The first innovation arises from the recommendation that a more flexible, streamlined legislative procedure should be introduced to the Standing Orders of the Assembly in order to expedite the passage of consolidation, codification and other law reform Bills. In order to reduce any mistrust in the new procedure, which might otherwise develop from concerns about the possibility of Bills being put forward containing alterations which should be scrutinised by the full legislature, the Law Commission proposes an important new function for the Counsel General in the process. Acting independently, on the advice of First Legislative Counsel or on the findings of a Law Commission report, it suggests that the Counsel General should be responsible for certifying that a Bill is suitable for the streamlined legislative procedure and should be held accountable by the Assembly for same.
The second innovation is linked to the recommendation that once codes have been created they should be preserved by a rule requiring that further legislation within the subject area of the code should only take effect by way of amending the code, rather than by way of enacting free-standing legislation. An expansion of the existing role of the Counsel General in protecting the integrity of the Welsh statute book is proposed in this connection. It is suggested that a set of normative legislative standards should be developed and published by the Counsel General relating to the design and content of legislation and explanatory notes. It is further suggested that those standards should be subject to review by the Assembly, which, in turn, could adopt them by way of a resolution if they were deemed acceptable. The Law Commission suggests adherence to some form of ‘code discipline’ could be monitored through this mechanism, whereby departures from code discipline (among other legislative standards) would need to be disclosed and justified by the promoter of the legislation in its Explanatory Memorandum.
The third innovation flows from the Law Commission’s recommendation in favour of requiring the Welsh Government to institute regular codification programmes in order to ensure a systematic and comprehensive approach to its codification policy. On account of the Counsel General’s existing portfolio, and due to ‘the measure of independence from the government’ they are said to enjoy, the Commission proposes that the Counsel General should be placed under a statutory obligation to present these codification programmes on a rolling basis and that they should be accountable to the Assembly for same. Discharging this new function is expected to be a ‘substantial’ task for the Counsel General. Thus, it is also recommended that a Code Office should be established which would be staffed primarily by legislative counsel, while being distinct from the existing Office of the Legislative Counsel. It is intended to encourage the development of focused expertise in codification and code maintenance. Importantly, although the Code Office would be led routinely by First Legislative Counsel, overall responsibility for its work would lie with the Counsel General, who would, in turn, be accountable to the Assembly for its progress.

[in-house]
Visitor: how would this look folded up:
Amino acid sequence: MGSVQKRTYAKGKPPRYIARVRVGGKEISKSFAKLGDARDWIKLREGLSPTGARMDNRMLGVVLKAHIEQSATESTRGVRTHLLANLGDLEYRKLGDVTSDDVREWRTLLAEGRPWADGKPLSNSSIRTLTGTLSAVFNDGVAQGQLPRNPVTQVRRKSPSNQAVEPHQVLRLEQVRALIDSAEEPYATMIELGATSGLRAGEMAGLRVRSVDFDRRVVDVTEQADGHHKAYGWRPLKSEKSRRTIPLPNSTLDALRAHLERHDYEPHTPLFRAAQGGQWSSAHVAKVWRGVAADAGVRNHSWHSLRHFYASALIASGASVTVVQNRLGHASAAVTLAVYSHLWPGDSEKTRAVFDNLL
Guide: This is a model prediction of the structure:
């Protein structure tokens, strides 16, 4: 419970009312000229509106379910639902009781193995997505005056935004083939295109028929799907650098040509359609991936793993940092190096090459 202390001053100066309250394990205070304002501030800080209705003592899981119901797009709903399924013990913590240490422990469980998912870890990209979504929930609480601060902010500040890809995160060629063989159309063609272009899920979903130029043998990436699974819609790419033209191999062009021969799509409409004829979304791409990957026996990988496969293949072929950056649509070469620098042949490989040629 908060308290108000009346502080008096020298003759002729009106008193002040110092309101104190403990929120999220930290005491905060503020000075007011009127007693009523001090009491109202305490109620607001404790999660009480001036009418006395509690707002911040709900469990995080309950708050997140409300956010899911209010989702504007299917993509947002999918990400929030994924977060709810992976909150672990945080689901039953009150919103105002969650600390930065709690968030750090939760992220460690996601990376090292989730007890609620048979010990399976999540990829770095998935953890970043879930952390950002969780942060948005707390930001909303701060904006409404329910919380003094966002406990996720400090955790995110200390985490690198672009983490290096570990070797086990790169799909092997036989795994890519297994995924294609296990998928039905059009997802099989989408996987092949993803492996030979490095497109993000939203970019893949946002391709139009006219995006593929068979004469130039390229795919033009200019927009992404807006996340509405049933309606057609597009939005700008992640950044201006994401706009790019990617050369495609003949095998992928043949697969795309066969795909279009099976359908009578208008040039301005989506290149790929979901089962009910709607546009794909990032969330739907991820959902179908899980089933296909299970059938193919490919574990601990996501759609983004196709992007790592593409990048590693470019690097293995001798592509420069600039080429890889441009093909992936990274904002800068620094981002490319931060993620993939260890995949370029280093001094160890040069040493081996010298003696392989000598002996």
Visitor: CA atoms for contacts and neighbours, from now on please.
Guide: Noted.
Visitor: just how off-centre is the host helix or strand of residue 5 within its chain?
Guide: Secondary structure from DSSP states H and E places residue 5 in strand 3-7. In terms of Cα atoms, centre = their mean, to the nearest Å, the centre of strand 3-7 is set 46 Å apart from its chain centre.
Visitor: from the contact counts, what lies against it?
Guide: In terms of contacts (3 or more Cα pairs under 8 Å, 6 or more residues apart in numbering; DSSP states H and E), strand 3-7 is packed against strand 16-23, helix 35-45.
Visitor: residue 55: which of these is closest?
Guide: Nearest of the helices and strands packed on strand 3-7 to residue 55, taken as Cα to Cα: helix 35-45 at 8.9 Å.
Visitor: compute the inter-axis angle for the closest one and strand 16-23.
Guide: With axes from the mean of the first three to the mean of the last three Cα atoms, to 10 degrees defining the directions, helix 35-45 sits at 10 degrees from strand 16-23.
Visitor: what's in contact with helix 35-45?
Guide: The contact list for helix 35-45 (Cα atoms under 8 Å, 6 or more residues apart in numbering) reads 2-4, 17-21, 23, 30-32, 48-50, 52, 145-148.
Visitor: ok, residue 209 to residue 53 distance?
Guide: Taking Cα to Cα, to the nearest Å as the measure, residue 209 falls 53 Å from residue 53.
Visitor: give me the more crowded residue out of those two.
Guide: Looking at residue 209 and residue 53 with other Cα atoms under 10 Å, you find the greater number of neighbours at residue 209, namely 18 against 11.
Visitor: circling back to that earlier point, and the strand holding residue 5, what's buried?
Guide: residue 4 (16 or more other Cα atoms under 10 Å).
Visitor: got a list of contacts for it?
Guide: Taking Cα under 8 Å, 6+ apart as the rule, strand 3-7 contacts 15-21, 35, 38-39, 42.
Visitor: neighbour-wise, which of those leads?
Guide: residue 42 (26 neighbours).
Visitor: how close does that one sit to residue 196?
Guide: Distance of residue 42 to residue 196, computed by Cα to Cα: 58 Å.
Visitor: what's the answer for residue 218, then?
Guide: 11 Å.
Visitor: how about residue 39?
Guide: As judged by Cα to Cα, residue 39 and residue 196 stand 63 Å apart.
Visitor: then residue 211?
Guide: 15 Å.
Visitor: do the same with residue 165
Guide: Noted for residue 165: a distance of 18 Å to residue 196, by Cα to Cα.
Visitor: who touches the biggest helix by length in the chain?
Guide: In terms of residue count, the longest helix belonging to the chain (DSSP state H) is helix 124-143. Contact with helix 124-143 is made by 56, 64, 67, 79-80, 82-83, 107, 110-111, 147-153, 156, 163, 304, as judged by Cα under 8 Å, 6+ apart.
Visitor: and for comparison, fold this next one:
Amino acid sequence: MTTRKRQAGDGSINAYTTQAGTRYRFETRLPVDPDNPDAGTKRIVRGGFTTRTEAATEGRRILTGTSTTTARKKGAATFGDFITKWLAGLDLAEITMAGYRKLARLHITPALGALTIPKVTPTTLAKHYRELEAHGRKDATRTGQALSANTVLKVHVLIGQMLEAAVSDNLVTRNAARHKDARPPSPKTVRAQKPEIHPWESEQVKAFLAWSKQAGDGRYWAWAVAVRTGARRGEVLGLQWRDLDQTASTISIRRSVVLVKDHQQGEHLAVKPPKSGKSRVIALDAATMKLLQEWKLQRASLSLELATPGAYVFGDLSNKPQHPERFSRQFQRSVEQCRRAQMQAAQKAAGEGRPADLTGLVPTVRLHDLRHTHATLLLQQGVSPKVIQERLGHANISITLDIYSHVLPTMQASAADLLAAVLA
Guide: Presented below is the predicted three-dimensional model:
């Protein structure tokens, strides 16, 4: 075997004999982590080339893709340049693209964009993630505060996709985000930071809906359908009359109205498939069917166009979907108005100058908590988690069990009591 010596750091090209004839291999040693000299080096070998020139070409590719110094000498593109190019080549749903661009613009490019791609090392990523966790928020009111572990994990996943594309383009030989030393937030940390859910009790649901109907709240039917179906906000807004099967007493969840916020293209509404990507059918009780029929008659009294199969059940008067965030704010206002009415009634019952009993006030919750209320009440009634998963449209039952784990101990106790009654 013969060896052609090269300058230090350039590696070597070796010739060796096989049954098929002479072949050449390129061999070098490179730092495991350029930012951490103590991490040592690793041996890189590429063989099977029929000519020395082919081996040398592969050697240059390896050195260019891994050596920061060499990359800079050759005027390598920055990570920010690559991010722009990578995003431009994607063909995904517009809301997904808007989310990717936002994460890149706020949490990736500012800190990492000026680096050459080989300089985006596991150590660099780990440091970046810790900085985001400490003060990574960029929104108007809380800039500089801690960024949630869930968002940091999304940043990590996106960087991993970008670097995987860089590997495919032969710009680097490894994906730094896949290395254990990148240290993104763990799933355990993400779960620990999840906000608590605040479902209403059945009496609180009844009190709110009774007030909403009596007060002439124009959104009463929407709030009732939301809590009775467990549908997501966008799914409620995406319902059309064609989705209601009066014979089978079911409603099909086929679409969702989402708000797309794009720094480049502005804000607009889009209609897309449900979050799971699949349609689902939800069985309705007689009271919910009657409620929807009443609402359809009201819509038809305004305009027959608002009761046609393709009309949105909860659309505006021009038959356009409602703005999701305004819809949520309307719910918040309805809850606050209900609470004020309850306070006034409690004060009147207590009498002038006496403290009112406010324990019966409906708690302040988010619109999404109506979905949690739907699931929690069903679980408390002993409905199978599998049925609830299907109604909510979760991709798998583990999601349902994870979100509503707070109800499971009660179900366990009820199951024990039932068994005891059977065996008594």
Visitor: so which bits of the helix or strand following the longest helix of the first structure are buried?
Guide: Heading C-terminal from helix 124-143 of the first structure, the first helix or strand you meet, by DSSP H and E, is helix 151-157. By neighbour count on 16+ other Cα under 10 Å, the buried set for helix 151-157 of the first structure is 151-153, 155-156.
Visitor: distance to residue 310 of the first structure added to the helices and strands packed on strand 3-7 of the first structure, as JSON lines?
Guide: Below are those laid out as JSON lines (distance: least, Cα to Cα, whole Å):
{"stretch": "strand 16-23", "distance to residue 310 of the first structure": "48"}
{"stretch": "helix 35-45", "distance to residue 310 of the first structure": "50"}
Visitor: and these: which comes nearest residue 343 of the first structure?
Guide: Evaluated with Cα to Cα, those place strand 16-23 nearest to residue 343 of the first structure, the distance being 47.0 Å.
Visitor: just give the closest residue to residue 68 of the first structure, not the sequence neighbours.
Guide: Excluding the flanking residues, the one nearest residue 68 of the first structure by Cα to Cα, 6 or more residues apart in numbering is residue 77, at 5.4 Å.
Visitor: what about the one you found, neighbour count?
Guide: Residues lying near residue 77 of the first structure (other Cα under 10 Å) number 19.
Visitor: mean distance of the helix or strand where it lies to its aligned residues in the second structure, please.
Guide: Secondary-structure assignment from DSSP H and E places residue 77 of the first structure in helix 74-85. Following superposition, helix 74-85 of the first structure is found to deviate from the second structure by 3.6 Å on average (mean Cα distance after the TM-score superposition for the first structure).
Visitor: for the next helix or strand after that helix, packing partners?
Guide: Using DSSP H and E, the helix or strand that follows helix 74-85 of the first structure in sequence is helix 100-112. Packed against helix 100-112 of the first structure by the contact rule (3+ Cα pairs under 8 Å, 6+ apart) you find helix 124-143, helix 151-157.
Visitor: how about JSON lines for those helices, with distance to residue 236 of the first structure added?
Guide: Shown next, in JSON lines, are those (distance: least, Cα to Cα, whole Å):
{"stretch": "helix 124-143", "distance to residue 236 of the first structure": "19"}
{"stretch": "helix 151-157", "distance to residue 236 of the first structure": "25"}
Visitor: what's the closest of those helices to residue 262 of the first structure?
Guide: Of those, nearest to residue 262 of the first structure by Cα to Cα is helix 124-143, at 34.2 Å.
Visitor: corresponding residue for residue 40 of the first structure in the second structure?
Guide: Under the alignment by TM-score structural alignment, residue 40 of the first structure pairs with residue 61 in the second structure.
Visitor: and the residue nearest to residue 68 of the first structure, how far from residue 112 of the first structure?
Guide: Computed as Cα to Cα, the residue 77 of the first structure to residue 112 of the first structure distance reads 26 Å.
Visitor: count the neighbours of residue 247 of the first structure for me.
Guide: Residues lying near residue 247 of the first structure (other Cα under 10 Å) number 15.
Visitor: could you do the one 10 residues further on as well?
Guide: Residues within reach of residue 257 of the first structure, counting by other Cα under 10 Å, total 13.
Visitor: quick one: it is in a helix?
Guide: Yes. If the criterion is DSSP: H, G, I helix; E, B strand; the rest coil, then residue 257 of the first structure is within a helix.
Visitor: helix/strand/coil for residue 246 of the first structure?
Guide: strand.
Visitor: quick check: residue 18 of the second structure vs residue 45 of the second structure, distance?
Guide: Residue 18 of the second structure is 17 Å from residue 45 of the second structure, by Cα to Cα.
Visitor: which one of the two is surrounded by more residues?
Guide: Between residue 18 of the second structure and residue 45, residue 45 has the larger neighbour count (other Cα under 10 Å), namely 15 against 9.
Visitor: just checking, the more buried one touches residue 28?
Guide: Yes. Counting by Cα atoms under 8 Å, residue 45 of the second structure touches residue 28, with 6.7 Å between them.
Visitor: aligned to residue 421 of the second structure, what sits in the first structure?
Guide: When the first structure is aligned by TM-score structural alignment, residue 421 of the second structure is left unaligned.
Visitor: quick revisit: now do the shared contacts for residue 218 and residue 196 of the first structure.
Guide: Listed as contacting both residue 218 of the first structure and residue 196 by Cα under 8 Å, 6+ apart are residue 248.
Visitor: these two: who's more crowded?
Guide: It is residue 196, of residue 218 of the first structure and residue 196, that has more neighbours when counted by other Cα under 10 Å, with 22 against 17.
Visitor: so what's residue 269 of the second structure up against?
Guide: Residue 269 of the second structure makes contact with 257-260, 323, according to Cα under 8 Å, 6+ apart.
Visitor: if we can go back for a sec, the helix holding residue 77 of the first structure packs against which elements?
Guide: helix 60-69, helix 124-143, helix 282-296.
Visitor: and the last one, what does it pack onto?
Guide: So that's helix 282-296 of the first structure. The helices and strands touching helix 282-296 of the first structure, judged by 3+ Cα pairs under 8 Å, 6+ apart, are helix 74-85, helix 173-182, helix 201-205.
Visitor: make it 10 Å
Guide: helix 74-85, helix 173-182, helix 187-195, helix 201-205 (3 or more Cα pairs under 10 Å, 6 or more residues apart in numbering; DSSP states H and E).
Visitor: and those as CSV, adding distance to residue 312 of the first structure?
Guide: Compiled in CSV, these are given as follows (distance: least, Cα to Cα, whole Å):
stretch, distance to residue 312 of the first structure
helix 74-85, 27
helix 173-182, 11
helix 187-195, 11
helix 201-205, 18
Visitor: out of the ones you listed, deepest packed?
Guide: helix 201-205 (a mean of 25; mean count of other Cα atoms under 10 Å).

Two points of significance about these proposed additions to the Counsel General’s constitutional portfolio are readily apparent. First, they indicate confidence in the ability of the Counsel General to carry out further functions independently of the Welsh Government, of which they are a member, despite the theoretical difficulties associated with vesting functions which serve potentially conflicting interests in one office. Given that there is a dearth of serious controversies associated with the post, unlike some other law officers, this is perhaps unsurprising. Nonetheless, care must be taken to ensure that the Counsel General does not give weight to political interests when discharging functions requiring independence. As such, the Law Commission’s recognition that it will be important for the Counsel General’s recommendations in respect of Bills put forward for the streamlined legislative procedure to be ‘transparently reasoned and objectively presented’ are laudable. Indeed, transparently reasoned and objectively presented decisions are desirable across the board of independent functions carried out by the Counsel General as a means of enabling effective performance evaluations by the Assembly. Second, these developments signal that the Counsel General is likely to become an increasingly significant source of, conduit for and guardian of constitutional values in Wales. How those values are defined in practice will be of great interest.
Conor McCormick is a PhD candidate in the School of Law at the Queen’s University of Belfast.
(Suggested citation: C. McCormick, ‘Expanding the Portfolio of the Counsel General to the National Assembly for Wales’ U.K. Const. L. Blog (28th July 2016) (available at: http://ukconstitutionallaw.org)).